Monkey guidelines and tips for your stay at Tushita:
- NEVER intentionally feed the monkeys.
- Keep doors and windows or screens closed and locked at all times. Monkeys love to get in and rip things apart looking for food (and sometimes just fun!).
- Do not keep food in your room or in a bag you keep with you.
- Be vigilant when eating outdoors. Even if you aren’t offering them anything, monkeys see any food as an open invitation. We try to have a member of staff patrol the outside eating areas at meal times and we have dogs to help chase the monkeys away – call on them for help if needed, but keep an eye out at all times anyway.
When you are near a monkey:
- DO NOT make eye contact. Also, try not to smile or otherwise bare your teeth. Monkeys find these to be extremely threatening gestures.
- If the monkey is calm, then you should also stay calm. You’ll see the locals walk past large groups of them with no concern whatsoever. The monkeys seem to sense your agitation and respond to that. Some people find it helpful to silently say the mantra “Om Mani Padme Hum” to themselves as they walk past monkeys. This helps the individual to stay calm, and to wish all happiness for the monkeys.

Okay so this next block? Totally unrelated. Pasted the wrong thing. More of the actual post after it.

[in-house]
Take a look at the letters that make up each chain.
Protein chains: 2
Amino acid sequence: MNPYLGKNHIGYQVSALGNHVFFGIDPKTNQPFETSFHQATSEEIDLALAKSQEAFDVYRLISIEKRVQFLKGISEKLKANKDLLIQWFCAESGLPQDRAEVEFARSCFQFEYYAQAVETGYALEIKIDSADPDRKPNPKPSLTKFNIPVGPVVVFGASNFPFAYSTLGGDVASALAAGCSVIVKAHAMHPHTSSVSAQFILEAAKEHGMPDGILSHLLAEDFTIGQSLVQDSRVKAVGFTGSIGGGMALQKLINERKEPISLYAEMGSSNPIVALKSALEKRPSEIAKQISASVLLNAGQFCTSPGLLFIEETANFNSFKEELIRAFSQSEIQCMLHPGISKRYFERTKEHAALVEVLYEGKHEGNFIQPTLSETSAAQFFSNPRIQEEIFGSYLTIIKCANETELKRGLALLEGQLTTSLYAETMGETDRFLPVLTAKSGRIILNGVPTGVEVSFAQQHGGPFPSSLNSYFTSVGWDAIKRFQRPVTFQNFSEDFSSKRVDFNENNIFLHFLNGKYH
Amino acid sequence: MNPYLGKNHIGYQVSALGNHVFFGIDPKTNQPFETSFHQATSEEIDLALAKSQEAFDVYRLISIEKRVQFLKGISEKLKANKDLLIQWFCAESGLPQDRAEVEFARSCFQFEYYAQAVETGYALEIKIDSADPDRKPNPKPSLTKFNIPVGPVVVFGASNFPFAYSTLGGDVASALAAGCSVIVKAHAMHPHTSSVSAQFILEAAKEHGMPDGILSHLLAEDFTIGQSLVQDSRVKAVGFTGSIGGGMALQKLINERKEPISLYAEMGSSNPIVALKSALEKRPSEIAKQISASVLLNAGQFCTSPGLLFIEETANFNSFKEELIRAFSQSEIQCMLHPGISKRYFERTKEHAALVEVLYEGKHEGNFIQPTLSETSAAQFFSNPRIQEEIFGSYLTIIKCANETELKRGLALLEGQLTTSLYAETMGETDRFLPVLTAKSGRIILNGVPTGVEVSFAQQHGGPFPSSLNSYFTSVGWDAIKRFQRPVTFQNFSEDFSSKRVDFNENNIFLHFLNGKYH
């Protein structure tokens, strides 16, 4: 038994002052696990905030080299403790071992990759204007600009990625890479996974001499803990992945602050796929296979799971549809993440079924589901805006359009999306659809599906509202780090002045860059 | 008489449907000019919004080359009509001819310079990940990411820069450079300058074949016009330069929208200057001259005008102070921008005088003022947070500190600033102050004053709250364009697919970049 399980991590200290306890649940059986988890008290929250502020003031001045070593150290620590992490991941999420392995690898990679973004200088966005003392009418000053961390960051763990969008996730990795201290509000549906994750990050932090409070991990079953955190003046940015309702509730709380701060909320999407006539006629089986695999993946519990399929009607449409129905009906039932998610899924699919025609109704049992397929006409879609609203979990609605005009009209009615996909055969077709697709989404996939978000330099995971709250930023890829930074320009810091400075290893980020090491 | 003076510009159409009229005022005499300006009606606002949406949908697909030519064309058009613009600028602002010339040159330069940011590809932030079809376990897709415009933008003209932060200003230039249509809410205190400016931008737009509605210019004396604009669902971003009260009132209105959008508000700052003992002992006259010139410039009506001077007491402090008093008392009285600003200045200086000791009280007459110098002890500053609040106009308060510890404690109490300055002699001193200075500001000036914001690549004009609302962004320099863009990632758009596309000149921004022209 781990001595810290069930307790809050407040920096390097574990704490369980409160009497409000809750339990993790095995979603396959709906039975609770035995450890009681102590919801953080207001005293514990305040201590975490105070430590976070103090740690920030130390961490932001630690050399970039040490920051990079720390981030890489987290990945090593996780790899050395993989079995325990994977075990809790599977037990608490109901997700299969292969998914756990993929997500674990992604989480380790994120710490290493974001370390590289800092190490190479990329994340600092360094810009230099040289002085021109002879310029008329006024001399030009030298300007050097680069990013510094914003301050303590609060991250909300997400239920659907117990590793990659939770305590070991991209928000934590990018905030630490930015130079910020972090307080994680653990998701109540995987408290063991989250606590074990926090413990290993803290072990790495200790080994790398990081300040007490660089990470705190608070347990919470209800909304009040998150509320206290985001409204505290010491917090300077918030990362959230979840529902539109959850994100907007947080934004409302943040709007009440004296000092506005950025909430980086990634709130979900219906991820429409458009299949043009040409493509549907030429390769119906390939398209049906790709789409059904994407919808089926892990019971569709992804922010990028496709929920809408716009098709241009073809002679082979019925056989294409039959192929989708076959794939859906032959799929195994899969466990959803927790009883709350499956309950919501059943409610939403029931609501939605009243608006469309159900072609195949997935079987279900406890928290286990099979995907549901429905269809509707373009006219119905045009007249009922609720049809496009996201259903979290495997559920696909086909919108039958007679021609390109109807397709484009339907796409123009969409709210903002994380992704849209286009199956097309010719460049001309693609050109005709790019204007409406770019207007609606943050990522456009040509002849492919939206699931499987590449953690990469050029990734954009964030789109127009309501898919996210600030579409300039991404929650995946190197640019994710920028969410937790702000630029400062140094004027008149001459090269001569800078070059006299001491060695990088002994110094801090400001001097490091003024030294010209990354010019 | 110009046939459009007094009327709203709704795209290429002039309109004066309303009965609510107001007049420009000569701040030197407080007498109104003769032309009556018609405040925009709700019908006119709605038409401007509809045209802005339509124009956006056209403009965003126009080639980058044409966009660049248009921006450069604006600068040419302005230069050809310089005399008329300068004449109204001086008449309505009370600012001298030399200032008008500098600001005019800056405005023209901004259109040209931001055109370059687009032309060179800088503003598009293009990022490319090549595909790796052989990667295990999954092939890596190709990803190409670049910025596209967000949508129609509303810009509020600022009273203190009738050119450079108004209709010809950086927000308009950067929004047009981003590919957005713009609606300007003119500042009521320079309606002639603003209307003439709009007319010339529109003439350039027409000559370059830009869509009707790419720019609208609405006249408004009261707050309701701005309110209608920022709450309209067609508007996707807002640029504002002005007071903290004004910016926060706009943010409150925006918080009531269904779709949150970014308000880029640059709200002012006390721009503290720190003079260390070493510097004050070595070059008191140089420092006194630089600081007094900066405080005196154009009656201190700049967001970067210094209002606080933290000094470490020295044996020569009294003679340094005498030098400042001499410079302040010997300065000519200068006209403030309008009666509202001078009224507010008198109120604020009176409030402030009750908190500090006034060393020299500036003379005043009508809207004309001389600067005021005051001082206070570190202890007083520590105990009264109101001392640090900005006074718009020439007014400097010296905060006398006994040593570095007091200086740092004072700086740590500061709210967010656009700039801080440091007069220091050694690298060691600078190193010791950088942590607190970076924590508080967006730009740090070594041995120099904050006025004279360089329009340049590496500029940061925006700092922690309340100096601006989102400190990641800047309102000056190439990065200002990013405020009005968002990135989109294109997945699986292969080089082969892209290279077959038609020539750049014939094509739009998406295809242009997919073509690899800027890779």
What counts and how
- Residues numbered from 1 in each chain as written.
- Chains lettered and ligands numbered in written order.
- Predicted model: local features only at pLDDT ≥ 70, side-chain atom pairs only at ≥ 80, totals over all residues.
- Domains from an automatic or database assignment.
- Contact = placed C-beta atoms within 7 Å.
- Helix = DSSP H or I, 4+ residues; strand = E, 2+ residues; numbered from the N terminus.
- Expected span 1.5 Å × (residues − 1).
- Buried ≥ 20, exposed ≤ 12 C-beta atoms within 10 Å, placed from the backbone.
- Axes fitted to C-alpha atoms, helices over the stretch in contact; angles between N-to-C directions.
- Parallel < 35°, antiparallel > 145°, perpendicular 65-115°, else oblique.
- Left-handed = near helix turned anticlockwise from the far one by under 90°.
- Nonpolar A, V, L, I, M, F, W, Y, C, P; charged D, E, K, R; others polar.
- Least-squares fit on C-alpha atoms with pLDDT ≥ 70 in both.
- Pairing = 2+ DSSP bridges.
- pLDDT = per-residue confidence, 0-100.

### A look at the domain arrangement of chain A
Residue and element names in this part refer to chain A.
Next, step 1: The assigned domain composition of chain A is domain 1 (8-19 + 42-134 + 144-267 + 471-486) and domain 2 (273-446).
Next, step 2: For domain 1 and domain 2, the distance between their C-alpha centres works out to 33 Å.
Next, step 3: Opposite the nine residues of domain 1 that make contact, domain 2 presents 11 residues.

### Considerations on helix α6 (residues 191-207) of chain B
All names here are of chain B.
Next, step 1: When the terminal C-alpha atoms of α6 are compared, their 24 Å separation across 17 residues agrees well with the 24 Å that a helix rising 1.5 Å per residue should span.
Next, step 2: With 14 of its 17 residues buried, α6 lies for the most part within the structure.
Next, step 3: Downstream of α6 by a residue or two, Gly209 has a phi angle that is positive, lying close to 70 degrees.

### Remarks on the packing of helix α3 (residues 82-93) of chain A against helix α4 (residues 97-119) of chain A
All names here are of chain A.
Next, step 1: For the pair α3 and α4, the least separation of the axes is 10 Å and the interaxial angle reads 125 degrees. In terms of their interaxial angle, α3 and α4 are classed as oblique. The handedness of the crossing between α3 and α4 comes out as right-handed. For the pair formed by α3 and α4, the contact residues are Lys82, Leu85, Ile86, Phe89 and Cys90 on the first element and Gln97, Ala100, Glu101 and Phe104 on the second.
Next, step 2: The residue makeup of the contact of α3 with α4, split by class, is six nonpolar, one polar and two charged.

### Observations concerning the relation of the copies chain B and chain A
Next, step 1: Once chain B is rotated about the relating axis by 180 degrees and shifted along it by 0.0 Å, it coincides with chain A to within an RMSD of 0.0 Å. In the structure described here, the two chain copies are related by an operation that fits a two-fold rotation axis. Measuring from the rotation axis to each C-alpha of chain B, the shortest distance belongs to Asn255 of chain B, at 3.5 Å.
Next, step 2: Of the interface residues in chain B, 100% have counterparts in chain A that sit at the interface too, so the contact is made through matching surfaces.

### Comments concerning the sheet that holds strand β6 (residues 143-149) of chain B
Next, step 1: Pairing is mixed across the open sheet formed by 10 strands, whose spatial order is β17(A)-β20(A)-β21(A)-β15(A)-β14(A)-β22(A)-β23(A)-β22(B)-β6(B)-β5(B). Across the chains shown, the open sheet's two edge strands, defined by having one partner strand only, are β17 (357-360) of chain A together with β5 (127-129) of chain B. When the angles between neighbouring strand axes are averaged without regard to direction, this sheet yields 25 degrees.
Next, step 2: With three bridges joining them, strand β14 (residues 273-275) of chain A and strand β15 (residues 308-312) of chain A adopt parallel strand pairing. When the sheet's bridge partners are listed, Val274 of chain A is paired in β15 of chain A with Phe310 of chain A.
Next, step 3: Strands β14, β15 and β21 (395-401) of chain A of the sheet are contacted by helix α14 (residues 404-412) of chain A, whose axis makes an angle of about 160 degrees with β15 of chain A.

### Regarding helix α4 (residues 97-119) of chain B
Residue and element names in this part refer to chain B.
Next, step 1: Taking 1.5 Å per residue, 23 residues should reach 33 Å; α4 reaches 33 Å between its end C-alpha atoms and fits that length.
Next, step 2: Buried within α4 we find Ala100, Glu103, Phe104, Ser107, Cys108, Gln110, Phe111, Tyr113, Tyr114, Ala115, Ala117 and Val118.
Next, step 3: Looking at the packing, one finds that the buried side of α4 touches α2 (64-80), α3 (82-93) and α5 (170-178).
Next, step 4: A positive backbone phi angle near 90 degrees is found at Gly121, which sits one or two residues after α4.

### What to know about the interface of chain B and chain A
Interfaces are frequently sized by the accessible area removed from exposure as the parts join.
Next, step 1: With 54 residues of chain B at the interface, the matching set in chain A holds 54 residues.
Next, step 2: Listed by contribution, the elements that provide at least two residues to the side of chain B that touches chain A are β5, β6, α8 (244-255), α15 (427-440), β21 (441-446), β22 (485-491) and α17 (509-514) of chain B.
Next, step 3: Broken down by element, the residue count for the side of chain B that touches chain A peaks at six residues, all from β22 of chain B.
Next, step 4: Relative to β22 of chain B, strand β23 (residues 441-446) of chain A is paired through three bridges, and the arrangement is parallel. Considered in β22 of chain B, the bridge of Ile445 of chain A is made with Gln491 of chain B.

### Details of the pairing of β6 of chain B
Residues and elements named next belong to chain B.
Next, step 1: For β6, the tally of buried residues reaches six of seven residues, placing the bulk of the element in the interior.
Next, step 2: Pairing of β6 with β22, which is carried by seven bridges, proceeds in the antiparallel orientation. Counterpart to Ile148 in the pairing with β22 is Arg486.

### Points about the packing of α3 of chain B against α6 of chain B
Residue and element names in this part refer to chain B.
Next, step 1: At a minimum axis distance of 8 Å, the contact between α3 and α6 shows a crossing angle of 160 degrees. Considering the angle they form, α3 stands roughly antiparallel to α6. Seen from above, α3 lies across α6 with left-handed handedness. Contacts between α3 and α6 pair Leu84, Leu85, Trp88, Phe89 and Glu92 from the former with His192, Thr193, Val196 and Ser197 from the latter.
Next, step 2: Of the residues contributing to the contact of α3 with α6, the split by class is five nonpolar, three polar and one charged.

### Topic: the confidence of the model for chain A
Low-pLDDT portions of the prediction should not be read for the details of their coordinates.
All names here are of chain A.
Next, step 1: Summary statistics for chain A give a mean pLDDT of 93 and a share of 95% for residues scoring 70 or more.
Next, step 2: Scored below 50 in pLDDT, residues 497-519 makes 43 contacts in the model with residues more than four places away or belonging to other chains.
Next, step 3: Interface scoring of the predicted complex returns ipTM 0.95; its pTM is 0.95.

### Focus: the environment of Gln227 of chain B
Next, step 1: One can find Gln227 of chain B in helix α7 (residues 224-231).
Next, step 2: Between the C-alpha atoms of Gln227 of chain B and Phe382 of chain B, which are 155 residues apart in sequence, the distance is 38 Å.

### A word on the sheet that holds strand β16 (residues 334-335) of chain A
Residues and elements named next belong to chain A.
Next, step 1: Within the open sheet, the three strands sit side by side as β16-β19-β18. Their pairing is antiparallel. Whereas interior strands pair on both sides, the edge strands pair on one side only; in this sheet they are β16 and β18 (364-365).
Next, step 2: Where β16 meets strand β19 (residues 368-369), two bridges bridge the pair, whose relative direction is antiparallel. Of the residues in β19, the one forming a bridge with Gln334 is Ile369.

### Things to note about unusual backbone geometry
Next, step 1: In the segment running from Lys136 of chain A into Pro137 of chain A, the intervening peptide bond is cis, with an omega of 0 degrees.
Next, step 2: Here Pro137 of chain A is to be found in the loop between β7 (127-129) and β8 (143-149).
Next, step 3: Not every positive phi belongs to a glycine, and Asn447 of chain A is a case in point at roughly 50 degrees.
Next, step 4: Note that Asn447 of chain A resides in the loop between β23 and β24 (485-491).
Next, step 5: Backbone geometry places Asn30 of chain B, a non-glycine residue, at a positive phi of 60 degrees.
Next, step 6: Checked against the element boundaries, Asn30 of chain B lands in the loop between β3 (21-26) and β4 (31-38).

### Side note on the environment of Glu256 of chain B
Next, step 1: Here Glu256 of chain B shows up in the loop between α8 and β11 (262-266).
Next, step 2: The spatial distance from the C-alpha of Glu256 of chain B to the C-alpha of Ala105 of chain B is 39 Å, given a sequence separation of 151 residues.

- If the monkey is approaching you from a distance and is clearly looking for food, make noise – a loud coughing/calling noise seems to work, and throw stones in its general direction. The purpose isn’t to hurt the monkey, but to show that you are not vulnerable, and to deter it.
- If the monkey is being aggressive near you, best is to wait until it passes by or if it is approaching you, to back off and try to get away from it. Call on our dogs or others for help.
In the unlikely event that you are scratched or bitten by a monkey:
- Wash the wound with warm water and a disinfectant soap immediately. You’ll find both in our dishwashing area. Wash it thoroughly for several minutes.
- Let a member of staff know about the incident.
- Treat the wound with a strong disinfectant, like iodine. We have some in our first aid kit in our reception office.
- Depending on the extent of the scratch or bite, it is likely to be advisable to have rabies innoculations. These are easily available at local hospitals, but can be expensive and very inconvenient, as you have to have a series of injections at regular intervals over the following months.
We don’t mean to alarm you, please don’t let our primate pals deter you from enjoying your time here! Most students find the monkeys – and the mindfulness they impose upon you – an integral part of the Tushita experience. By following these guidelines, we’re sure you’ll have no problems.